CattleFax, one of the world’s most recognized livestock and grain analyst groups, says cattle feeders will likely need 20% more capital this year to maintain their operations than they did three or four years ago. For many commercial feedyards, that’s an extra $10 million or more.
It’s not your father’s feedyard anymore. And that means making sure that feeding efficiency and cattle performance are at their peak until the day cattle head to the packer.
A beta-agonist can improve feed efficiency at a time when operating costs are escalating at a record pace, says James Herring, CEO of Friona Industries LP, a major cattle feeding company headquartered in Amarillo, TX.
“Our company’s branded beef products go to seven major retailers and almost 3,000 stores, so it’s important that we maintain the high-quality eating experience for consumers, as well as strong production at the same time,” Herring says. “We’re interested in getting the maximum production out of an animal. Optaflexx, a beta-1-agonist encourages beef production. And it has no negative effect on the eating experience.”
Optaflexx is designed to be used the last 28-42 days of the feeding period. With no withdrawal, it can be fed up until cattle leave the feedyard, a trait that’s important to Herring. He says the use of Optaflexx helps Friona Industries maintain a 28- to 33-day feeding cycle in finishing cattle.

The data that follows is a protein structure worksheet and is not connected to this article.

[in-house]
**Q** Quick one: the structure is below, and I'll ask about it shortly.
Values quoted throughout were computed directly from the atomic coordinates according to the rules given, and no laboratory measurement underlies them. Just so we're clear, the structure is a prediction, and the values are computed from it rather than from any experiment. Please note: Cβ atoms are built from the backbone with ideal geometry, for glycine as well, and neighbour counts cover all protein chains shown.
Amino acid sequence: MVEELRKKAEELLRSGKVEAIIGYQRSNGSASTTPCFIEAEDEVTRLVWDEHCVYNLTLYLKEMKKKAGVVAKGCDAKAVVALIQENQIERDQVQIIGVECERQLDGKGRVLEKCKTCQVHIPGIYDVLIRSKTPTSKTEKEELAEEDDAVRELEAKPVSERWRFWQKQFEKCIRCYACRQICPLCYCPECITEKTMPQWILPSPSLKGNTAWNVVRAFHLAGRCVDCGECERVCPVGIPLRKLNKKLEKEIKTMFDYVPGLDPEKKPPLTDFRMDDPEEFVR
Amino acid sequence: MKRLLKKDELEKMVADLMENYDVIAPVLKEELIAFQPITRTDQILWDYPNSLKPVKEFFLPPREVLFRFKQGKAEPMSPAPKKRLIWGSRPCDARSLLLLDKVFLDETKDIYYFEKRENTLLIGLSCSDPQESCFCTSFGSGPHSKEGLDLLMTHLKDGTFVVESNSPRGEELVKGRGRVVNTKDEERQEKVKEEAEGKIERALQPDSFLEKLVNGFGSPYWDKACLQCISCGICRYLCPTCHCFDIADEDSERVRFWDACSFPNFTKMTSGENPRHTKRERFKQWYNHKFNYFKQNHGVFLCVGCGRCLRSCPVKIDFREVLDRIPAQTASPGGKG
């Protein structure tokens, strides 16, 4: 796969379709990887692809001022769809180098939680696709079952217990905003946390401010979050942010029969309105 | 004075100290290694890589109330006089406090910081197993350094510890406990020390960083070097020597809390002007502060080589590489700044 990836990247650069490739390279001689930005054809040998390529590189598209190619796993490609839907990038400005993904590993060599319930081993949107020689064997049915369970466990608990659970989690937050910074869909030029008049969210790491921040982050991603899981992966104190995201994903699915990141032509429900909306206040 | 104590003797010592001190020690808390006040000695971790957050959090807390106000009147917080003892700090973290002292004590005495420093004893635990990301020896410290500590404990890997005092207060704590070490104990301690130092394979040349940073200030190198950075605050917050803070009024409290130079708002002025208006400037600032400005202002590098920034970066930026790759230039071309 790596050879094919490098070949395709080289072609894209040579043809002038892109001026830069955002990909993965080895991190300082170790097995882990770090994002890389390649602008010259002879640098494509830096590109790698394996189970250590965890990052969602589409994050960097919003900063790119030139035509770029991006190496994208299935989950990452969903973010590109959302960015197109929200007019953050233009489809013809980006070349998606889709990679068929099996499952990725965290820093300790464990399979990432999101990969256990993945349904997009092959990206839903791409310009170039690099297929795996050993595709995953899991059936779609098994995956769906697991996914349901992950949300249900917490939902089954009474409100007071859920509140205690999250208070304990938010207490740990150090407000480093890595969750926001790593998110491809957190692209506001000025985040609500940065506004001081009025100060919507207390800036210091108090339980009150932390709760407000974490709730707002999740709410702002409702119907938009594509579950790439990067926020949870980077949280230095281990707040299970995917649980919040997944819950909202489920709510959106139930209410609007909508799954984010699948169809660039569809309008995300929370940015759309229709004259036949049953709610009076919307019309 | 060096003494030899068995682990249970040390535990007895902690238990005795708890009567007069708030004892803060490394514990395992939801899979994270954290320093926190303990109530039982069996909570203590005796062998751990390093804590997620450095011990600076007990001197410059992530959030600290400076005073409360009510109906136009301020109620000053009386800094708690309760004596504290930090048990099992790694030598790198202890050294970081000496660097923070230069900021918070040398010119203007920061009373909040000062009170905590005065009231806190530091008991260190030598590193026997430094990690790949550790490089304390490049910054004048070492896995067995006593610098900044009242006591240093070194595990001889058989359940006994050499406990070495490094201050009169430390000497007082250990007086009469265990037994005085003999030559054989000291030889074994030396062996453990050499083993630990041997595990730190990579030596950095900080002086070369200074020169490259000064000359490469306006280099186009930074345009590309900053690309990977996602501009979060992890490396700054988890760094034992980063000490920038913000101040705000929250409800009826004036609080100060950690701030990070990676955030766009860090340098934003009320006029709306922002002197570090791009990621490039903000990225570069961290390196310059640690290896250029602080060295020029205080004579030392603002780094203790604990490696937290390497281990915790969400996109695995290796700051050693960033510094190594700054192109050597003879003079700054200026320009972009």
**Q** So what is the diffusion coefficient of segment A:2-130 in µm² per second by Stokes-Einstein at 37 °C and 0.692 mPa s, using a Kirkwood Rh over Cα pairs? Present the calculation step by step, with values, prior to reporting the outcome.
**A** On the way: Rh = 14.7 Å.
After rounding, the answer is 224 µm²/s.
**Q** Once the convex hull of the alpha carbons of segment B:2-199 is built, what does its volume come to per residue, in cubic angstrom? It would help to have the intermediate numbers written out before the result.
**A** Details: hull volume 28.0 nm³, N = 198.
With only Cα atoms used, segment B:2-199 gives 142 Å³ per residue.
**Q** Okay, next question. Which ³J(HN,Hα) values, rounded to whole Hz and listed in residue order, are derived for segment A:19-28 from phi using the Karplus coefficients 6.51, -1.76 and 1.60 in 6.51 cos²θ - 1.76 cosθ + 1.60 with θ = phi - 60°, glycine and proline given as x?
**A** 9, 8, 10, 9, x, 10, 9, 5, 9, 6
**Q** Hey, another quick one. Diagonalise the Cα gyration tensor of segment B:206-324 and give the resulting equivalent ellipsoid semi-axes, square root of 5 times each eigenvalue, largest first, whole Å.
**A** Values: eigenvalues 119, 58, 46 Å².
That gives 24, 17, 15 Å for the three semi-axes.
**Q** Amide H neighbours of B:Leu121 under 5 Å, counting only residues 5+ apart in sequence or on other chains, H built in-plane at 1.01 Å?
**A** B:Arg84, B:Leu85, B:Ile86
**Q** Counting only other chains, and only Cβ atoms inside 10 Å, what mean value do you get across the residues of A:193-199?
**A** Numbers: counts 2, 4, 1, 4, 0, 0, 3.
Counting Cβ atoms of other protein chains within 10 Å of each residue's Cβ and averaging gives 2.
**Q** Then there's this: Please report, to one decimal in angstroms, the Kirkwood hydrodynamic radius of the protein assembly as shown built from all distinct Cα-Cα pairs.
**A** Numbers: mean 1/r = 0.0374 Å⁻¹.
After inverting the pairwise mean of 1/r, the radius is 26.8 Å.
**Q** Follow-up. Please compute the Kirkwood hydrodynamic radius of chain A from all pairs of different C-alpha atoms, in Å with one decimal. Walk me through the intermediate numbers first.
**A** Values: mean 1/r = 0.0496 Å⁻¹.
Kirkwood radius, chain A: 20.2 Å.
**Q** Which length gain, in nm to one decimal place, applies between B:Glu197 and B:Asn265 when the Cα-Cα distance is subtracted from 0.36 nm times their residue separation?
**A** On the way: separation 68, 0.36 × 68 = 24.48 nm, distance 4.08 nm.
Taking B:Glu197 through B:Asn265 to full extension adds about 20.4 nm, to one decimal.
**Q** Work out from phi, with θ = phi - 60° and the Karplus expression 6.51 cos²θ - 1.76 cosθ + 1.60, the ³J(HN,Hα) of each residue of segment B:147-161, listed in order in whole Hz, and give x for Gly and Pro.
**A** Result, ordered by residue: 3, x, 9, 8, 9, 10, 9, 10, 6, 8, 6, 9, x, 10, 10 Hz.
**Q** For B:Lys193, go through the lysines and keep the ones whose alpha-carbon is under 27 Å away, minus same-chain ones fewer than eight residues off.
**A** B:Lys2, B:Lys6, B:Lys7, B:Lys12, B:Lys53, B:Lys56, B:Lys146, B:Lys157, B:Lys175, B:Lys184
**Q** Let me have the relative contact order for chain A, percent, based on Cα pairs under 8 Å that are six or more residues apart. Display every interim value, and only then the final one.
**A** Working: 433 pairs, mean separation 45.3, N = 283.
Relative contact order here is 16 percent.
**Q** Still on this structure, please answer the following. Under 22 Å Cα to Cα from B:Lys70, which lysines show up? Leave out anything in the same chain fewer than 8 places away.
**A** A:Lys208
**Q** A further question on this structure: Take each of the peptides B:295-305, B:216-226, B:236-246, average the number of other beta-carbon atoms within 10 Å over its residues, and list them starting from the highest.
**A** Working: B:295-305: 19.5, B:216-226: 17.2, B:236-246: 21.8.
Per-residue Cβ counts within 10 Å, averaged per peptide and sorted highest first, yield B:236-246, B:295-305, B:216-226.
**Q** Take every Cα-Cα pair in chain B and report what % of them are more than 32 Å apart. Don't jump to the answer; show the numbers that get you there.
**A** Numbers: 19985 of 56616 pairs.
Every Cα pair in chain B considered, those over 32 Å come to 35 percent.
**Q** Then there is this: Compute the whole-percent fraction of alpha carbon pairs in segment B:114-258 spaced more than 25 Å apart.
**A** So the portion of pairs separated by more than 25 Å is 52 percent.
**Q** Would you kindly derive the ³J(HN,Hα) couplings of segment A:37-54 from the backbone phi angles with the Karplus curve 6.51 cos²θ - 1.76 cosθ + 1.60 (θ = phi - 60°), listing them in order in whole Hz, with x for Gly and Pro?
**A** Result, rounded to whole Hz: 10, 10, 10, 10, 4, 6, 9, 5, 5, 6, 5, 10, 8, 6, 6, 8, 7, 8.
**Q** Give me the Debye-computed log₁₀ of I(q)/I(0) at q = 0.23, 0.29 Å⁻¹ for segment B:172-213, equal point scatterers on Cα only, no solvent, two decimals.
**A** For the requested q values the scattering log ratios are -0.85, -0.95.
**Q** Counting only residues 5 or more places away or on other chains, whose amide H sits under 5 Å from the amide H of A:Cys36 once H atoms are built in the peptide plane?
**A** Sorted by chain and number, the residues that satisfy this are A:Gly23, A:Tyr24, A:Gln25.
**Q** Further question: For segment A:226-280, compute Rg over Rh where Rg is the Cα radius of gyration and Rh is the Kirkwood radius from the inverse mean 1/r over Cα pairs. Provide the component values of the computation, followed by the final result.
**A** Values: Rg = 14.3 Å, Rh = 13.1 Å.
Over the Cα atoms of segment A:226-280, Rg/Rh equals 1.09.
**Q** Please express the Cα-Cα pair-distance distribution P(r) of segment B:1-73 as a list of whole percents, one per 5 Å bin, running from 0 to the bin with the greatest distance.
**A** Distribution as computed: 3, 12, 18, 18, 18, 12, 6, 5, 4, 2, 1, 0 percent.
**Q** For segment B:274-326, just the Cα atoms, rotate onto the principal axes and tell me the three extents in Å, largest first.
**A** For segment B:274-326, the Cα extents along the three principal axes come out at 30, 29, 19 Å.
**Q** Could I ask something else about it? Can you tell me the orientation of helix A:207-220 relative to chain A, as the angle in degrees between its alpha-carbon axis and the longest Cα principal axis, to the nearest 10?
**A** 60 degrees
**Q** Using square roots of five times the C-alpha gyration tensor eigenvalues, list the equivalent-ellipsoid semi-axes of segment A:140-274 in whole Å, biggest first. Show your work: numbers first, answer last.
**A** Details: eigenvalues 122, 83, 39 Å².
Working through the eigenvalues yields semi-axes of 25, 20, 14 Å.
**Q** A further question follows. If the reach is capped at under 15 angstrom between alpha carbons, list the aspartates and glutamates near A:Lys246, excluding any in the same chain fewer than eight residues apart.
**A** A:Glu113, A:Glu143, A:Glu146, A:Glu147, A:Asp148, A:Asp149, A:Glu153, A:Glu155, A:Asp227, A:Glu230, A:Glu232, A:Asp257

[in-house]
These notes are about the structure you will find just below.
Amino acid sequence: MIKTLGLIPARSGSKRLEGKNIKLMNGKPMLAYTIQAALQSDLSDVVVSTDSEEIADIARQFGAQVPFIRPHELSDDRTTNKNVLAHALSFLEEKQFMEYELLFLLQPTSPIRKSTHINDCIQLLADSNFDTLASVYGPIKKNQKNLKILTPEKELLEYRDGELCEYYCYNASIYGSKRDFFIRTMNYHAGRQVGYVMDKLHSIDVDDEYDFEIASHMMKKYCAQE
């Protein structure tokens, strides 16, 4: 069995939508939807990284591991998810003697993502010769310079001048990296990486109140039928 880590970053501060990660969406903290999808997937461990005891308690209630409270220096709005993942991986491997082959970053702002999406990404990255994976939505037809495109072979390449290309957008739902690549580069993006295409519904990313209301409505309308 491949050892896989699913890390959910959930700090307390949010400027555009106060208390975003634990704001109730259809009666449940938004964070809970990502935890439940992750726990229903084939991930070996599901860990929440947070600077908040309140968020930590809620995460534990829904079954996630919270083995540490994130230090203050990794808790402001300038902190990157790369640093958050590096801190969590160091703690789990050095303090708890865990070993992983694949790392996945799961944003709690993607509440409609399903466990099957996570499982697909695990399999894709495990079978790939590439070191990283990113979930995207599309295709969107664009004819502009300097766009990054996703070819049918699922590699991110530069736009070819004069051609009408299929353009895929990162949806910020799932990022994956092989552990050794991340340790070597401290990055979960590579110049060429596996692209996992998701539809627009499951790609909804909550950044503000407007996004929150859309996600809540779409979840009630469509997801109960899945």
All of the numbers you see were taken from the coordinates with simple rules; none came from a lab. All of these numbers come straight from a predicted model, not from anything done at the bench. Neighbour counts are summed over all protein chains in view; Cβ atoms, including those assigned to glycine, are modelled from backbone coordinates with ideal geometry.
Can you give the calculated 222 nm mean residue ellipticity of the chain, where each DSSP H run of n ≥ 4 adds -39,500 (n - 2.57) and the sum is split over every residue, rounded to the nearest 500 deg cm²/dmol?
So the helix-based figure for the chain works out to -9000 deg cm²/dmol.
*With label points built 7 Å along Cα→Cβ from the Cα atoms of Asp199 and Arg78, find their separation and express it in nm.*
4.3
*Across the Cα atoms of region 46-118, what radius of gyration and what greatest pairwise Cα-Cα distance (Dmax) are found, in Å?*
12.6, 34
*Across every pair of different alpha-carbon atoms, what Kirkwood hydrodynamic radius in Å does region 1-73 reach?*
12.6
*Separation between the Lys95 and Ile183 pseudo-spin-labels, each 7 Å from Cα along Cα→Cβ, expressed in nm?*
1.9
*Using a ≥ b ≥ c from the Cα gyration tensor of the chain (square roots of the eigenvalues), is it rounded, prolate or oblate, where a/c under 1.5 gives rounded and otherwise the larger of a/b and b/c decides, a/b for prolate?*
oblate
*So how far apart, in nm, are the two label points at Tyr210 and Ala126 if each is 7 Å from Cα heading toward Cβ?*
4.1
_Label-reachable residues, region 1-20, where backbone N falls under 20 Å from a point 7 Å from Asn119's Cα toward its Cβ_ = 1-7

“We can dictate the time of sale for an animal,” he says. “We can maintain the production cycle to the exact days and performance profile. It allows us to get in front of that decision on sales. It allows us to feed exactly to the performance time.”
John Scanga, Elanco beef technical consultant, adds that Optaflexx helps cattle maintain their performance late in the feeding cycle. “In the last days of finishing, cattle become very inefficient,” he says. “Using Optaflexx in the last 28-42 days improves feed efficiency and dressing percentage. At a time when feedyard operating costs are escalating, improving the cost of gain helps feedyards remain in business for the future,” Scanga says.
The Iowa Beef Center at Iowa State University in Ames records monthly close-out information for typical cattle coming off feed in that region. For example, 750-lb. steers that went on feed in January 2011 for finishing in June 2011 had a total feed cost of about $433/animal. That included about $318 for about 50 bu. of corn alone and about $85 for about 1,800 lbs. of wet distillers grain.
If a combination of better feed efficiency and higher average daily gain can lower that $433 feed cost by 10%, there’s an extra $43 for the finished 1,250-lb. steer. The use of technology can provide a well-rounded program to promote feed efficiency and overall cattle performance, Scanga says.